Aims To describe the pattern of mean body size of native mammals in Europe, and to investigate its relationships with environmental predictors related to four hypotheses: (1) dispersal; (2) heat conservation; (3) heat dissipation; and (4) resource availability.
Location Continental western Europe and Great Britain.
Methods We used range maps to estimate the mean body size (average log mass) of mammals in 386 cells of 12,100 km2 each. Environmental conditions in each cell were quantified using nine historical, climatic and primary production variables. We attempted to tease apart the effects of these variables using correlation, multiple regression and spatial autocorrelation analyses.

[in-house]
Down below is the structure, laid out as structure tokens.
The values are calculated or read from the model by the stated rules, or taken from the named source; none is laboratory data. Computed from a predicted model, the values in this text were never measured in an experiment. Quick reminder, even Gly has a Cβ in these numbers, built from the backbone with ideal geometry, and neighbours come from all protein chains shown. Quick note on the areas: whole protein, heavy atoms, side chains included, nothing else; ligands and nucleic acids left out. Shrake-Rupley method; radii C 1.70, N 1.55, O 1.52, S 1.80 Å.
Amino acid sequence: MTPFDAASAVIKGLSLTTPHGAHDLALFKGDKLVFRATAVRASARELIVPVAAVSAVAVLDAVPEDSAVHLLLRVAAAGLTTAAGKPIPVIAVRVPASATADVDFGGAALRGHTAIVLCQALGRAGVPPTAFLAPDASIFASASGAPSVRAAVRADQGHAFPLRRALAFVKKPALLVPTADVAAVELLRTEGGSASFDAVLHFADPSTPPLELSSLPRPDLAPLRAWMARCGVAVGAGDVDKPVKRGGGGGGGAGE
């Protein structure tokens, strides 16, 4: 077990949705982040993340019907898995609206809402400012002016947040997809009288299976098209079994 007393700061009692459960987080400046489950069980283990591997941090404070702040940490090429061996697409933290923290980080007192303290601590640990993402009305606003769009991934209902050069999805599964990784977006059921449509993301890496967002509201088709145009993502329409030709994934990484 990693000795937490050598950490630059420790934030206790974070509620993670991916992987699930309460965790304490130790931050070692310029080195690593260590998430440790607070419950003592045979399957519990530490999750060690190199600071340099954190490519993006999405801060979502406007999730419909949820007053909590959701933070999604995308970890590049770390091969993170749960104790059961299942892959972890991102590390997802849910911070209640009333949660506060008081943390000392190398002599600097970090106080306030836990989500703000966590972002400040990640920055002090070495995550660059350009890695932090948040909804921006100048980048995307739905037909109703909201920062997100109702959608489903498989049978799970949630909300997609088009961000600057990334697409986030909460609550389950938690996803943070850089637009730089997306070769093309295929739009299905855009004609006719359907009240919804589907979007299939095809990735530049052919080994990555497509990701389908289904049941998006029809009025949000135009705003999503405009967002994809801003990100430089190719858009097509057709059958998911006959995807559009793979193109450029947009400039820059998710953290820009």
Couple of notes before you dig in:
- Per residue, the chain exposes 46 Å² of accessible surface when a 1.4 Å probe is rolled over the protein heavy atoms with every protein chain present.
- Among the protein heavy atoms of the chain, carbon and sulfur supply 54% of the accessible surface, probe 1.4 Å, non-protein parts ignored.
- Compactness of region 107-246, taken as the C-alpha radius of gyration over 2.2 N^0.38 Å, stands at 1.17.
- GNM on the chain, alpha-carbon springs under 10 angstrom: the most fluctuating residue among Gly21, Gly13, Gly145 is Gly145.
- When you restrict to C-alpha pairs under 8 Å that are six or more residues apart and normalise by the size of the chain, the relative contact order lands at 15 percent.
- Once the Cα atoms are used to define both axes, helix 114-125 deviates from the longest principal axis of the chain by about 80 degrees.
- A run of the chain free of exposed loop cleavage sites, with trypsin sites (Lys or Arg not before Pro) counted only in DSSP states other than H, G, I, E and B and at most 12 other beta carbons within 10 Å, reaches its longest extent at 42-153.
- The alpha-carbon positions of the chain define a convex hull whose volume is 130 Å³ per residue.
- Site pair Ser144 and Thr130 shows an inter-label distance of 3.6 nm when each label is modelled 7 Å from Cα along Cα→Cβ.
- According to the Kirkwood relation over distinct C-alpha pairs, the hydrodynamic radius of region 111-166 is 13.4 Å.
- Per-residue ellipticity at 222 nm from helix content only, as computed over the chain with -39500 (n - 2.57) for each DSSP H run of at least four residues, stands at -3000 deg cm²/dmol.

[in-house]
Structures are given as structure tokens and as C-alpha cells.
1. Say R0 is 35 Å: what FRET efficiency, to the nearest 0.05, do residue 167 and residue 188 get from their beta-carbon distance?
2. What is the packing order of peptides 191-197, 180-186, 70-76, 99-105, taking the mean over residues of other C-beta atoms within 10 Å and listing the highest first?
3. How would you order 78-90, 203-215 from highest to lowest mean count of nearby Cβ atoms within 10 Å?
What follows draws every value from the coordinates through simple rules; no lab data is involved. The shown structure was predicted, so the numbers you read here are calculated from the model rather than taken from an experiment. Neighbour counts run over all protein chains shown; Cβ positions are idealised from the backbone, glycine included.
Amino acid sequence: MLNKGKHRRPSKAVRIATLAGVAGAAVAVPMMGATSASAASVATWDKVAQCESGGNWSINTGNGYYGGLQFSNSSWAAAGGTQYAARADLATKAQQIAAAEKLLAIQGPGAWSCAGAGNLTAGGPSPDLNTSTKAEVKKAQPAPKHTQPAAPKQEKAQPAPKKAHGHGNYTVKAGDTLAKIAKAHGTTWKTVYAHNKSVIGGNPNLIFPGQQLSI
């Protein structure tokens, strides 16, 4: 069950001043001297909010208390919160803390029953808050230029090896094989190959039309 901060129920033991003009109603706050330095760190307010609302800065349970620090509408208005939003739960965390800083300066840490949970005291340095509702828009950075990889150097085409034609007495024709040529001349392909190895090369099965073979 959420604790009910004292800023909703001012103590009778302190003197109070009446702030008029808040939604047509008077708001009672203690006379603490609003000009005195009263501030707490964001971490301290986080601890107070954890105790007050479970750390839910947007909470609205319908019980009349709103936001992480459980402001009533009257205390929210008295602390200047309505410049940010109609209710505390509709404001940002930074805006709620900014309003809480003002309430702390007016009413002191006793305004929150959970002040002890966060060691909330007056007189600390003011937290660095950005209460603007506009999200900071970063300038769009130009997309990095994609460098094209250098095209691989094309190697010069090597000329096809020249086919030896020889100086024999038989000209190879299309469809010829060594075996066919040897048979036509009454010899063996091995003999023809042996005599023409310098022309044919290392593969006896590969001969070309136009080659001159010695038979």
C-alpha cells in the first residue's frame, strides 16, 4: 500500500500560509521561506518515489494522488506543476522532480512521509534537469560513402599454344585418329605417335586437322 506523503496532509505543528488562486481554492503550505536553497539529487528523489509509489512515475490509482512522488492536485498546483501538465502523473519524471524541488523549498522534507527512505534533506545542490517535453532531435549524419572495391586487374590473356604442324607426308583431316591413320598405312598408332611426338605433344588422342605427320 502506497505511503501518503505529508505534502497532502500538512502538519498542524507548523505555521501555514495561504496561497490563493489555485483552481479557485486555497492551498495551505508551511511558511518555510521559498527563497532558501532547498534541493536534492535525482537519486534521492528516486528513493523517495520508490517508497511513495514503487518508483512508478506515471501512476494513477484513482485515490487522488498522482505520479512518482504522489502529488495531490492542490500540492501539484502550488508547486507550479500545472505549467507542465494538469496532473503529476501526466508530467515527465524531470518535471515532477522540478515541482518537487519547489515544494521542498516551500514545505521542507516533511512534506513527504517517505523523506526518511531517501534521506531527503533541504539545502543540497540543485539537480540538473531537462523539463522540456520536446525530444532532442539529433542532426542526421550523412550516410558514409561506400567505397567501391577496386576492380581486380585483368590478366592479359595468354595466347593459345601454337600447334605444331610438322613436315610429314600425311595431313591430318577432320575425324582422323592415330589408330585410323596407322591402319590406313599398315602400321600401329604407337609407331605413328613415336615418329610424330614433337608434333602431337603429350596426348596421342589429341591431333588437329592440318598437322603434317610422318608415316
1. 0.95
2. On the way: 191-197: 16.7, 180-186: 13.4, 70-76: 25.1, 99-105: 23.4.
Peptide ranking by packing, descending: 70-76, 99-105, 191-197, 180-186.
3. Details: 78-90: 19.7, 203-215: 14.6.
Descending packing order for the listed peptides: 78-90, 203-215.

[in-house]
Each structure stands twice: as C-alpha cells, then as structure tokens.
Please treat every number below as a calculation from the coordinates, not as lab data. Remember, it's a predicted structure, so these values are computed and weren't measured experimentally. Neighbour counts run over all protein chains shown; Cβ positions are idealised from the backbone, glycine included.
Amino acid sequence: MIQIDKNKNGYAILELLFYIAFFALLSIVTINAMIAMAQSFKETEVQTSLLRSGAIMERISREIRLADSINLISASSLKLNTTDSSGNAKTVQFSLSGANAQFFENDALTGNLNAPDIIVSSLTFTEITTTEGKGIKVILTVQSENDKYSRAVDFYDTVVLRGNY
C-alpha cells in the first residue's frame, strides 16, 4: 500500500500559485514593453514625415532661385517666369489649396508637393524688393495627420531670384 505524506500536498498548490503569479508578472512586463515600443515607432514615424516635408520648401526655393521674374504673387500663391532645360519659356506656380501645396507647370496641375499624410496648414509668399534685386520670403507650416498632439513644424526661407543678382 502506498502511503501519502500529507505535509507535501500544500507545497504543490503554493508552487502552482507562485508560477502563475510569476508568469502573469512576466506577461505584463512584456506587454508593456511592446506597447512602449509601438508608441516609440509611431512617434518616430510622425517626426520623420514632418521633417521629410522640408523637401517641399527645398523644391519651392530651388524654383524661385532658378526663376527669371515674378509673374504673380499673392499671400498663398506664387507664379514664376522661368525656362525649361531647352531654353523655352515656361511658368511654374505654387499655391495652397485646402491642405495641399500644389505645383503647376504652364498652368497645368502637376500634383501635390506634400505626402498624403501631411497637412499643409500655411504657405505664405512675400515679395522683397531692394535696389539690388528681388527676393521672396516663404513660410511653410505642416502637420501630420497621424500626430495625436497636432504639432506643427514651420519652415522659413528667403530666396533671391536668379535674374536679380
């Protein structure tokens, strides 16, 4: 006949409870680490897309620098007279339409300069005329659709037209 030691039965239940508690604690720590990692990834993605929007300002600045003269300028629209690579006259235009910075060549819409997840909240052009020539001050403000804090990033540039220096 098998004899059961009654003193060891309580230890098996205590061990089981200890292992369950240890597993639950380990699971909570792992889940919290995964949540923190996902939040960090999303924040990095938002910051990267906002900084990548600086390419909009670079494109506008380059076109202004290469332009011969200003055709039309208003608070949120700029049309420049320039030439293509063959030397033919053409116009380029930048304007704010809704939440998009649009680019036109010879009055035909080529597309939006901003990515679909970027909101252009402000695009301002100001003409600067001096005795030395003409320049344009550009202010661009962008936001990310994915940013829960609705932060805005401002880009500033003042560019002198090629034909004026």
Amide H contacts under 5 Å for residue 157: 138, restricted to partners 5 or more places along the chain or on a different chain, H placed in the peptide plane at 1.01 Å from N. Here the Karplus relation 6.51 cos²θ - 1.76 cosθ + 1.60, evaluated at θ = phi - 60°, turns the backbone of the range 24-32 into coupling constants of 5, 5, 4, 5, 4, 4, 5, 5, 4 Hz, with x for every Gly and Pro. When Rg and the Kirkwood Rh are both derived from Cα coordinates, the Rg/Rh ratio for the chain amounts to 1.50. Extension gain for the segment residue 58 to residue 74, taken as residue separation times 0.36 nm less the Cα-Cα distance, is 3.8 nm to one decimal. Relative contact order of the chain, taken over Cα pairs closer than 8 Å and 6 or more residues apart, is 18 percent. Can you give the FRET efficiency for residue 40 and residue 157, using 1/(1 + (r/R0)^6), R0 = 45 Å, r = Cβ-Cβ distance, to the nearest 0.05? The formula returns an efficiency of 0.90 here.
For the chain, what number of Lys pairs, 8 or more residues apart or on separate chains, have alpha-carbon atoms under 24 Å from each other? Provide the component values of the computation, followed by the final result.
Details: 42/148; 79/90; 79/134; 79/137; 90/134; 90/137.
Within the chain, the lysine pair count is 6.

Results In the part of the continent covered by ice during the Pleistocene, body mass decreases southwards, and annual average temperature explains 73% of the variance in body size, consistent with the heat-conservation hypothesis. However, in warmer, non-glaciated areas the best predictor is an estimate of seasonality in plant production, but it explains only 18% of the variance. Carnivores, omnivores and herbivores show similar relationships, but the pattern for herbivores is substantially weaker than for the other groups.
Main conclusions Overall, the relationship between mean body size and temperature is non-linear, being strong in cold environments but virtually disappearing above a temperature threshold.